This study establishes several facts about medieval monetary debasements: they were followed by unusually large minting volumes and by increased seigniorage; old and new coins circulated concurrently; and, at least some of the time, coins were valued by weight. These facts constitute a puzzle because debasements provide no additional inducements to bring coins to the mint. On theoretical and empirical grounds, the authors reject explanations based on by-tale circulation, nominal contracts, and sluggish price adjustment. They conclude that debasements pose a challenge to monetary economics.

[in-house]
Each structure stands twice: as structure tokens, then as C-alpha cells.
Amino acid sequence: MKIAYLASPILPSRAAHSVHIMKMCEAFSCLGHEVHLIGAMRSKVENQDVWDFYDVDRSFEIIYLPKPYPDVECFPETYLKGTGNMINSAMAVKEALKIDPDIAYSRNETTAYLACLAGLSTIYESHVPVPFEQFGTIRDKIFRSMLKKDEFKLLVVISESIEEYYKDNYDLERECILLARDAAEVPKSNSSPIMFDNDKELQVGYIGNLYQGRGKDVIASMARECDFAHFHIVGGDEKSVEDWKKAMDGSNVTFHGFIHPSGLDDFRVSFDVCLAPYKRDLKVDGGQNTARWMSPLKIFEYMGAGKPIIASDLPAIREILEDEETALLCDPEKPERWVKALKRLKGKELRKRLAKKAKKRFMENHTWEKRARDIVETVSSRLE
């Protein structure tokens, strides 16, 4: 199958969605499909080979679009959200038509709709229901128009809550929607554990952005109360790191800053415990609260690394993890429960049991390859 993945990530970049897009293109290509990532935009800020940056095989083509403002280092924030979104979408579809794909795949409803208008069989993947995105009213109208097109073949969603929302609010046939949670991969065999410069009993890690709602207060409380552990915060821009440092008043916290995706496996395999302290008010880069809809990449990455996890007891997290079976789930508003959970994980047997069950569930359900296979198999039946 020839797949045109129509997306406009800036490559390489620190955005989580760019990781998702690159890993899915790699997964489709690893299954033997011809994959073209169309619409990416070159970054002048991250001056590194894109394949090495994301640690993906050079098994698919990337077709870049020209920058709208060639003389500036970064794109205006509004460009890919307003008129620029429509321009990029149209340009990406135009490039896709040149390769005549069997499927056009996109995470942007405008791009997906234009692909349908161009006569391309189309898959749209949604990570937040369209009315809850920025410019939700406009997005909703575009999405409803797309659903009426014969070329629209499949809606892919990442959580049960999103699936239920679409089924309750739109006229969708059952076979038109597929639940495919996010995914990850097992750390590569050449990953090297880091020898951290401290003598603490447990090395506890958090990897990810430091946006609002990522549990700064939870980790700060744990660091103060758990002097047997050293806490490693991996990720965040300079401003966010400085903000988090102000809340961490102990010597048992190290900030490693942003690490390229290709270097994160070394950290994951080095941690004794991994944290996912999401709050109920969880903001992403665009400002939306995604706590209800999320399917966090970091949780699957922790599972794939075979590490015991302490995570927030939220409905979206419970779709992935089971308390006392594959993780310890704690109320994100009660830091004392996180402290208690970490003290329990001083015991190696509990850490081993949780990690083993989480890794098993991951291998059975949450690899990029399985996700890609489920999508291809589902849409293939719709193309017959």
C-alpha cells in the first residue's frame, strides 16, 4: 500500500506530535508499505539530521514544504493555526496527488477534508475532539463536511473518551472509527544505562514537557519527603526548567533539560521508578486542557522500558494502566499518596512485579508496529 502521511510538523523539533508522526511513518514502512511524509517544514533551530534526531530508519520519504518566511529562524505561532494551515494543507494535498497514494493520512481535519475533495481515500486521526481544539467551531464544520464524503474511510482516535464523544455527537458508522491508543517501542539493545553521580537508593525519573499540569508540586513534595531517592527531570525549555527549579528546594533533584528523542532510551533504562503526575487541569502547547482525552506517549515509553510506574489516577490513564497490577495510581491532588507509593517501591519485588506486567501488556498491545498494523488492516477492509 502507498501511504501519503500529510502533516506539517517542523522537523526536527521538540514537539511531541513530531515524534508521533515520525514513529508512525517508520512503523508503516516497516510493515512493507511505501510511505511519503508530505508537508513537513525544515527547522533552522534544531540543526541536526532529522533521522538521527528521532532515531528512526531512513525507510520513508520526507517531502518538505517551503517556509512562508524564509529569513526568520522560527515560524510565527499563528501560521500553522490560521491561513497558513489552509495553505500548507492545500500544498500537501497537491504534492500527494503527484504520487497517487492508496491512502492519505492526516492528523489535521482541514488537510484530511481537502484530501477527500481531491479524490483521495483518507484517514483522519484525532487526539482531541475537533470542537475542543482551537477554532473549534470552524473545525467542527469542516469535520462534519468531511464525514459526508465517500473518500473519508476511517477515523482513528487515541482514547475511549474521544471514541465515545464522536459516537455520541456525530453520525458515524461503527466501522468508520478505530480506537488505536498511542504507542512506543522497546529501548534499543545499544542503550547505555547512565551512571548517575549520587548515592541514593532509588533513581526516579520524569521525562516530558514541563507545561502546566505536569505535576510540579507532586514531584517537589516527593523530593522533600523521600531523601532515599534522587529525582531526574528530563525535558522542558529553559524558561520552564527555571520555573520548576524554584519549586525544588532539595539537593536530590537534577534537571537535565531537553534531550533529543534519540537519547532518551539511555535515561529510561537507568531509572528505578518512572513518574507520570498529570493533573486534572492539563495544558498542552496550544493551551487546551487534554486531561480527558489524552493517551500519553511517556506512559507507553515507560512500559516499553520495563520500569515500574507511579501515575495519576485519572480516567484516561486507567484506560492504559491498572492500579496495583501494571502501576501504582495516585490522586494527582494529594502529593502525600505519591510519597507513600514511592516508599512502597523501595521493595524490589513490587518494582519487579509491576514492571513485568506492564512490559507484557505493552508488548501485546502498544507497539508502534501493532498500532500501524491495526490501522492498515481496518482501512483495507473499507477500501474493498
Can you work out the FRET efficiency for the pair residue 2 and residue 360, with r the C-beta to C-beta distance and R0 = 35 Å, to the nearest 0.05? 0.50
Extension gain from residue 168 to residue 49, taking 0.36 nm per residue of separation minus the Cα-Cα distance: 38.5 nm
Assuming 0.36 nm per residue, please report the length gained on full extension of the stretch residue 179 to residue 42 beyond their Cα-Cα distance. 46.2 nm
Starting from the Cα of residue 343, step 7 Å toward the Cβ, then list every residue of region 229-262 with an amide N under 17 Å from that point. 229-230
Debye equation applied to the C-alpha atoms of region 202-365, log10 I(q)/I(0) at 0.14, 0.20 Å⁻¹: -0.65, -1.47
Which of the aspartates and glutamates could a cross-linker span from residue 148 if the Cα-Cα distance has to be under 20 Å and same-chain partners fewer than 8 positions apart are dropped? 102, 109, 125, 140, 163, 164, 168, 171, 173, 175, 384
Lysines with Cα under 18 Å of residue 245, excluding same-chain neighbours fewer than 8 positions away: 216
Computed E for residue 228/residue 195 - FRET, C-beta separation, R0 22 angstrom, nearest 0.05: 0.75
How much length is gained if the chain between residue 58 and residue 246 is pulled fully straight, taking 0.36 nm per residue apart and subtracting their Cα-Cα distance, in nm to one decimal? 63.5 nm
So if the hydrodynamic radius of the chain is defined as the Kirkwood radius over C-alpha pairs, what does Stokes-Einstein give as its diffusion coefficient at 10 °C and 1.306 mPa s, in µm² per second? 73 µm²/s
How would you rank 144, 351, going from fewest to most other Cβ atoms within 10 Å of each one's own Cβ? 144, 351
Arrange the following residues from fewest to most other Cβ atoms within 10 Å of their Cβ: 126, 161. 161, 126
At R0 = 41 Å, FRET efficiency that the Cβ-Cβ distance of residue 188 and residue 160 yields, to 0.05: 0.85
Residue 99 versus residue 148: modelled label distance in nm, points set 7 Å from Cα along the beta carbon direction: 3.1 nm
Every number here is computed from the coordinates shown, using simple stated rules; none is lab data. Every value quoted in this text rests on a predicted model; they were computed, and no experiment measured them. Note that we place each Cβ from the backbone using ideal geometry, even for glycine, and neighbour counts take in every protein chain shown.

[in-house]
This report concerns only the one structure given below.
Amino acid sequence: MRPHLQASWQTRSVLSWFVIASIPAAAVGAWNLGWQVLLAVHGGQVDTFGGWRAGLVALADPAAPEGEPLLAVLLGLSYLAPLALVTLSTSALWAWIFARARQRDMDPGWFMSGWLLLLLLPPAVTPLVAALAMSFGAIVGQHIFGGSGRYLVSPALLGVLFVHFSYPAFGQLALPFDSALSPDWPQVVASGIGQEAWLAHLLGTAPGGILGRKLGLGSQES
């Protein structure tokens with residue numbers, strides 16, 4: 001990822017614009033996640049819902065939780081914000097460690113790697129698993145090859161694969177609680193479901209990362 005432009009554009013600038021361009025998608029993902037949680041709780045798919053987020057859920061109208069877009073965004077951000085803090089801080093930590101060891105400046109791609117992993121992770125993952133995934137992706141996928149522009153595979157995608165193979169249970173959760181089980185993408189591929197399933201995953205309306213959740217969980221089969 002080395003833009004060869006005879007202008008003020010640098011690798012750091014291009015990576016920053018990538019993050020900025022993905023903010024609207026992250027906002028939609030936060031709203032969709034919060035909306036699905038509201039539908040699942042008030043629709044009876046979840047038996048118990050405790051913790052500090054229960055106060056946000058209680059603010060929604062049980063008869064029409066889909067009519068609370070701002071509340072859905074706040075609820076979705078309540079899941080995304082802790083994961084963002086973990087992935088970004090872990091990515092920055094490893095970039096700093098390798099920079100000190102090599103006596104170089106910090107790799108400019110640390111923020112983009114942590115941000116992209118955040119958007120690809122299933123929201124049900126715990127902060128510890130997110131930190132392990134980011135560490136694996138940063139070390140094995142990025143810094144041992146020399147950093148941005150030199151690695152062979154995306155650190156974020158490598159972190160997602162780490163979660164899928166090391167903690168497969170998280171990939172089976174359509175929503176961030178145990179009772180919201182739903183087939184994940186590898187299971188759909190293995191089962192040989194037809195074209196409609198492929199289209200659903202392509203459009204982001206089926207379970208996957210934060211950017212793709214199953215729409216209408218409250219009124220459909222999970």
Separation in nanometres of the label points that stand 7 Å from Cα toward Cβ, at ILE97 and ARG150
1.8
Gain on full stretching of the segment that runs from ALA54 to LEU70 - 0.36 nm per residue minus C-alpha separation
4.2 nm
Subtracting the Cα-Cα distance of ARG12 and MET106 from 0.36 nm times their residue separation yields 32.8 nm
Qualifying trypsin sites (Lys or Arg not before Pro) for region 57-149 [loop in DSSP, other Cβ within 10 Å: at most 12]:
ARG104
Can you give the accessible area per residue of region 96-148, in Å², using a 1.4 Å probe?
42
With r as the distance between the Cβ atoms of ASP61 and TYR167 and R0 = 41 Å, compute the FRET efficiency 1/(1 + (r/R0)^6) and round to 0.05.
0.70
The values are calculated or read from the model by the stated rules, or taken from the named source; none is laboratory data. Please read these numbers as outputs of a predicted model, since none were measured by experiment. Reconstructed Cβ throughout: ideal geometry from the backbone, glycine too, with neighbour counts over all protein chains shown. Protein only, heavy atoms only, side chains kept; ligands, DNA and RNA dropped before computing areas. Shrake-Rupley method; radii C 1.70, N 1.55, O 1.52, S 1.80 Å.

This article was originally published in the _Journal of Economic History_ (December 1996, vol. 56, no. 4, pp. 789–808). It is reprinted in the Federal Reserve Bank of Minneapolis Quarterly Review with the permission of Cambridge University Press. https://doi.org/10.1017/S0022050700017472